Book: Bush Had Secret War Plan

Plan of Attck Woodward Cheney Powell Rumsfeld
Investigative reporter Bob Woodward of The Washington Post reveals, in his new book "Plan of Attack," how plans for the Iraq war began, in secret, shortly after the Sept. 11 attacks.

for this Sunday's "60 Minutes." [CBS and Simon & Schuster, the publisher of Woodward's book, are both owned by Viacom.]

The Woodward book is packed with hitherto secret stories out of the mouth of the president and his top aides in the year preceding the president's final decision to go to war against Saddam Hussein.

Among them:

  • Just 72 days after 9/11, President Bush ordered Defense Secretary Donald Rumsfeld to come up with a secret war plan to get Saddam. Rumsfeld passed the order on to Gen. Tommy Franks and gave Franks a blank check worth hundreds of millions of dollars. But the Congress was kept in the dark about it.
  • It was Vice President Dick Cheney who Woodward describes as the powerful, steamrolling force who had developed what his colleagues called a "fever" to take down Saddam by armed attack.
  • Cheney and Secretary of State Colin Powell, who was dead set against going to war against Iraq, barely speak to each other. Their relationship remains hostile.
  • President Bush worried that his friend British Prime Minister Tony Blair's government might fall because the British public overwhelmingly opposed the war. So, on the eve of battle, Mr. Bush gave Blair the option of withholding British troops from combat. But Blair stuck with the president, confirming Mr. Bush's admiration of what he called Blair's "cojones."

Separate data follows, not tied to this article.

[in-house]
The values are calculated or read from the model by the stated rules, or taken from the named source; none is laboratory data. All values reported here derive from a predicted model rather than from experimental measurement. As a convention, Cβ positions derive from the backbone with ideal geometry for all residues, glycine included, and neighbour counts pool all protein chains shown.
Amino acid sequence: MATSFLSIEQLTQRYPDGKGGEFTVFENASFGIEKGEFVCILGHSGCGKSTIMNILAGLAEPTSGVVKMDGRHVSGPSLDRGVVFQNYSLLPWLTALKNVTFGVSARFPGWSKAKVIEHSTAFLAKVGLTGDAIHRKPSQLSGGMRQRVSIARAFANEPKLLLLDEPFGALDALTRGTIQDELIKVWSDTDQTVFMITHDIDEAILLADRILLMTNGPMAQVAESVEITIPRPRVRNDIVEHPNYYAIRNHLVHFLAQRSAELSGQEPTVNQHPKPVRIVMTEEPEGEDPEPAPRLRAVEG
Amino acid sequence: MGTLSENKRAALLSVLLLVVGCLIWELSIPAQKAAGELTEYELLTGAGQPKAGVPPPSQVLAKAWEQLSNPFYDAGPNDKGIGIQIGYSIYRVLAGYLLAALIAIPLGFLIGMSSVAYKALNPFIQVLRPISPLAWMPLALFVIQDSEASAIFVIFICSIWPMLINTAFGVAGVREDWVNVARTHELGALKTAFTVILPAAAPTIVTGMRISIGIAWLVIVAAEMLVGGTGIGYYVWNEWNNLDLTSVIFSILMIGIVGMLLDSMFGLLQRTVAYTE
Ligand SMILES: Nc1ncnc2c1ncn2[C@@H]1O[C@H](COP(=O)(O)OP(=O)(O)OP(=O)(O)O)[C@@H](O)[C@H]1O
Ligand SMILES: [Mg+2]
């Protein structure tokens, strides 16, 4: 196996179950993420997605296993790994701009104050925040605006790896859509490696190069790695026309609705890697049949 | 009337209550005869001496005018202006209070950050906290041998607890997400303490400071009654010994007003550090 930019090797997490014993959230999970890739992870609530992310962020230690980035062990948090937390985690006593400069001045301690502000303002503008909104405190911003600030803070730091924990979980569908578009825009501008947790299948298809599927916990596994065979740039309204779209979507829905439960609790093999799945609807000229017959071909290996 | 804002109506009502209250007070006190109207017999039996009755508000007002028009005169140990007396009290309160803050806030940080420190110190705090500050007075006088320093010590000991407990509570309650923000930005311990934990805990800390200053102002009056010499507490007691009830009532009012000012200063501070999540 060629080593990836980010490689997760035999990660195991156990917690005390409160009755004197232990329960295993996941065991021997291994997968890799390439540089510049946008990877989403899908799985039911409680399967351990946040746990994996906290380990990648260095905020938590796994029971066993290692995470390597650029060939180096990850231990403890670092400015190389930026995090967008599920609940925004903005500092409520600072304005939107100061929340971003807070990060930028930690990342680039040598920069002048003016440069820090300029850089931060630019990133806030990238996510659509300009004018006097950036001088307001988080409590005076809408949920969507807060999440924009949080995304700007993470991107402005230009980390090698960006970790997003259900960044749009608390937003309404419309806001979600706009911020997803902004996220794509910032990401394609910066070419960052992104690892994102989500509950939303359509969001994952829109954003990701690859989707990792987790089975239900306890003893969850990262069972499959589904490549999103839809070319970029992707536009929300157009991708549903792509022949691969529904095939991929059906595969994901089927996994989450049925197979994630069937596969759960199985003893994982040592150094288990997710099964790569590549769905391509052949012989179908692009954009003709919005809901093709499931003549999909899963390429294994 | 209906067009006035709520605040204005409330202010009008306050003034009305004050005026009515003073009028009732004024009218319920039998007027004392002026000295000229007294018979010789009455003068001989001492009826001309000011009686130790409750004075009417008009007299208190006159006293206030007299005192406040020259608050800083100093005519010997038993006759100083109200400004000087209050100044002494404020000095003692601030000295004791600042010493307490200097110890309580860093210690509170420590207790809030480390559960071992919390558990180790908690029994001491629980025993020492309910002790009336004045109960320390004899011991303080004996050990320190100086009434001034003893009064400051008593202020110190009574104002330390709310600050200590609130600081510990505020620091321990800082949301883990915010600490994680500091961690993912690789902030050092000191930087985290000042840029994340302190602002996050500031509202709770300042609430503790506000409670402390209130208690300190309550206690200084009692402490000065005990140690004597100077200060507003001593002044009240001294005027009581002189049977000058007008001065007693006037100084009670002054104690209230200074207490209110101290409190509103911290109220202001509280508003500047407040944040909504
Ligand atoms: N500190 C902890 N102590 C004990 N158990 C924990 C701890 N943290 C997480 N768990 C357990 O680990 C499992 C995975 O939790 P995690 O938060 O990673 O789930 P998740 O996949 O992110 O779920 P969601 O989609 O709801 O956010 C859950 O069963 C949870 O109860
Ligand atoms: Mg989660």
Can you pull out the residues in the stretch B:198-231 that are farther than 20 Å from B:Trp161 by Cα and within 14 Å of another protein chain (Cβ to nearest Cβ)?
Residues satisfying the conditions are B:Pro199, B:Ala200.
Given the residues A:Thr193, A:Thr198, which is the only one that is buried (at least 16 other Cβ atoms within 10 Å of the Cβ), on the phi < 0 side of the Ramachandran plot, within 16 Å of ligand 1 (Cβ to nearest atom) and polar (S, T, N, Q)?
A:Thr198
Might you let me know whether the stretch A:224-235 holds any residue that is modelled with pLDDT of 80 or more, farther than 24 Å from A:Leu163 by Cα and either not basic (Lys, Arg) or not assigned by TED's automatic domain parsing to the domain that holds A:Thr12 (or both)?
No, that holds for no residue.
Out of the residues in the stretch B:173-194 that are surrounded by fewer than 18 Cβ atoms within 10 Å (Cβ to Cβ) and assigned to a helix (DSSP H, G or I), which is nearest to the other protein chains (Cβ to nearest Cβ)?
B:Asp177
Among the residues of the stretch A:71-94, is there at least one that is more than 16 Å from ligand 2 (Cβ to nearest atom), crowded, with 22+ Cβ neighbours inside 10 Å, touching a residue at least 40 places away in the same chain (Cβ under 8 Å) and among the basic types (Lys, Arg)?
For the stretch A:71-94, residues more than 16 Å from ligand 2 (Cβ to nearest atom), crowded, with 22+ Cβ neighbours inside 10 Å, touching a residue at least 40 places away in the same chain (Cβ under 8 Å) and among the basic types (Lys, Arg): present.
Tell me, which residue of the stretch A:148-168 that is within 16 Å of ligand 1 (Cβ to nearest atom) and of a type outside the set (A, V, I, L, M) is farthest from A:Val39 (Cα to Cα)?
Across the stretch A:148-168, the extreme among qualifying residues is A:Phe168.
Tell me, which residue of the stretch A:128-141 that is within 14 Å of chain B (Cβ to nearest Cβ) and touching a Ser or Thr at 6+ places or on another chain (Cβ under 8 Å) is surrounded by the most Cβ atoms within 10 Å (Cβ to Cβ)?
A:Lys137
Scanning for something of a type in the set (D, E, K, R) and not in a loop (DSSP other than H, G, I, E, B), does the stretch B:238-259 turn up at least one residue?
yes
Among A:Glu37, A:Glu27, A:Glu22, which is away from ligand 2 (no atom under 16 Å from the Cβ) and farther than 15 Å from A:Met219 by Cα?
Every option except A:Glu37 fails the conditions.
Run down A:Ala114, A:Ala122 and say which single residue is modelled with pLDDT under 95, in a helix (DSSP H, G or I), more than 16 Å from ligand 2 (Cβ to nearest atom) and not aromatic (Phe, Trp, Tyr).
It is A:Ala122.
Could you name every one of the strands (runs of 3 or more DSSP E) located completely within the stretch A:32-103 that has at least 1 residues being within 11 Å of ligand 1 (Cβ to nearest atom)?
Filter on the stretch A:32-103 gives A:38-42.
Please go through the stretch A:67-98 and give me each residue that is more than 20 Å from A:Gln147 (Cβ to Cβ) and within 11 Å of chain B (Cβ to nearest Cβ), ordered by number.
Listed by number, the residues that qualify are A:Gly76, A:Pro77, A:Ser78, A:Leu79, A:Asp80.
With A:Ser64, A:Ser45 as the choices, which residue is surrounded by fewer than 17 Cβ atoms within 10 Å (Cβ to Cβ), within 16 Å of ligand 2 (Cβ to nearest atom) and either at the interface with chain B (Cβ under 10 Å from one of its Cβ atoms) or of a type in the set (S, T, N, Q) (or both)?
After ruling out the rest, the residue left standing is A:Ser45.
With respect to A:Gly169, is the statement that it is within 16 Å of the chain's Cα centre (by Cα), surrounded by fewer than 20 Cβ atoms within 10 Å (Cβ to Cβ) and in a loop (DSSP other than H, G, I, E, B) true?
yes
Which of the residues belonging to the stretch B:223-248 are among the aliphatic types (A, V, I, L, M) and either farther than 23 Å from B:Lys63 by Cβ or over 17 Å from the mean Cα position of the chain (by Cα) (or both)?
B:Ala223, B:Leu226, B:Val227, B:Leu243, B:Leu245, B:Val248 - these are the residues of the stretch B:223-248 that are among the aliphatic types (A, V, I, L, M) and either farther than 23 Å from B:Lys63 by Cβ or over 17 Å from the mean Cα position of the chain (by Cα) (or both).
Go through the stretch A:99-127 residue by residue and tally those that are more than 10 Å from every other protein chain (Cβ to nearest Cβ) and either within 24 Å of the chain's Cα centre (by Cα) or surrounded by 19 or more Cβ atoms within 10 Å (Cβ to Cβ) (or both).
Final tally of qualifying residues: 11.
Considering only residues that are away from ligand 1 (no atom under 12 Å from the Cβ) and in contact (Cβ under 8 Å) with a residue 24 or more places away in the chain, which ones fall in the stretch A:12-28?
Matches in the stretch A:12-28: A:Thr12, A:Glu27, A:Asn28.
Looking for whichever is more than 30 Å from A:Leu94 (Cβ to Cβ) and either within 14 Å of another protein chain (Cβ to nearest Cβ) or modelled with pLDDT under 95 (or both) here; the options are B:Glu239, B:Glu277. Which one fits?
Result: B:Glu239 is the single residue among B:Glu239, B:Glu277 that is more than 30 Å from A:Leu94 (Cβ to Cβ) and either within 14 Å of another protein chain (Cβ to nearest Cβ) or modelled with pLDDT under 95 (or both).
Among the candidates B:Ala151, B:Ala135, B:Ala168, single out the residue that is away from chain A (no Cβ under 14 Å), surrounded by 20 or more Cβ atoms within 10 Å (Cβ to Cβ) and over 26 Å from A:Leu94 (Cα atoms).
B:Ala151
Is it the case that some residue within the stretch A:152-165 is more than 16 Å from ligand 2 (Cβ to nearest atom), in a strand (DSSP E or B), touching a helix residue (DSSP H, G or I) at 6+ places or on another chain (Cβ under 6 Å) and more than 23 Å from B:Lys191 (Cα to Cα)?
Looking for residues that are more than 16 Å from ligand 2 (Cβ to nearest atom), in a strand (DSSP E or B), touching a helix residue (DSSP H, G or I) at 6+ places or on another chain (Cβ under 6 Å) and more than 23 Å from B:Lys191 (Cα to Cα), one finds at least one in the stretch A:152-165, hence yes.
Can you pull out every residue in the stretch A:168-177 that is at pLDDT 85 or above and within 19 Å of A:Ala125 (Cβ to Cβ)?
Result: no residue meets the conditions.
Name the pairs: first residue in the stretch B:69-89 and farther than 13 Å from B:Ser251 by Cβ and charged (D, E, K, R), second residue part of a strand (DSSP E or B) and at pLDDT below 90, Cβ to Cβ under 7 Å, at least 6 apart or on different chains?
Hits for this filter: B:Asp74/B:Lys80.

But most interesting of all perhaps, is Woodward's account of a White House meeting on Dec. 21, 2002, attended by CIA Director George Tenet and his top deputy John McLaughlin, who briefed the president and the vice president assuring them that Saddam Hussein definitely possessed weapons of mass destruction.

    "McLaughlin has access to all the satellite photos, and he goes in and he has flip charts in the Oval Office," Woodward tells Wallace. "The president listens to all of this and McLaughlin's done. And and the president kind of, as he's inclined to do, says, 'Nice try,' but that isn't going to sell Joe Public. That isn't going to convince Joe Public."

    Woodward writes in his book, "The presentation was a flop. The photos were not gripping. The intercepts were less than compelling. And then George Bush turns to George Tenet and says, 'this is the best we've got?'"

    Says Woodward: "George Tenet's sitting on the couch, stands up, and says, 'Don't worry, it's a slam dunk case." And the president challenges him again and Tenet says, 'the case it's a slam dunk.'"

    And that reassured the president?

    "I asked the president about this and he said it was very important to have the CIA director, 'slam-dunk' is as I interpreted it, a sure thing, guaranteed."

    Wallace tells Woodward this is an extraordinary statement to come from Tenet.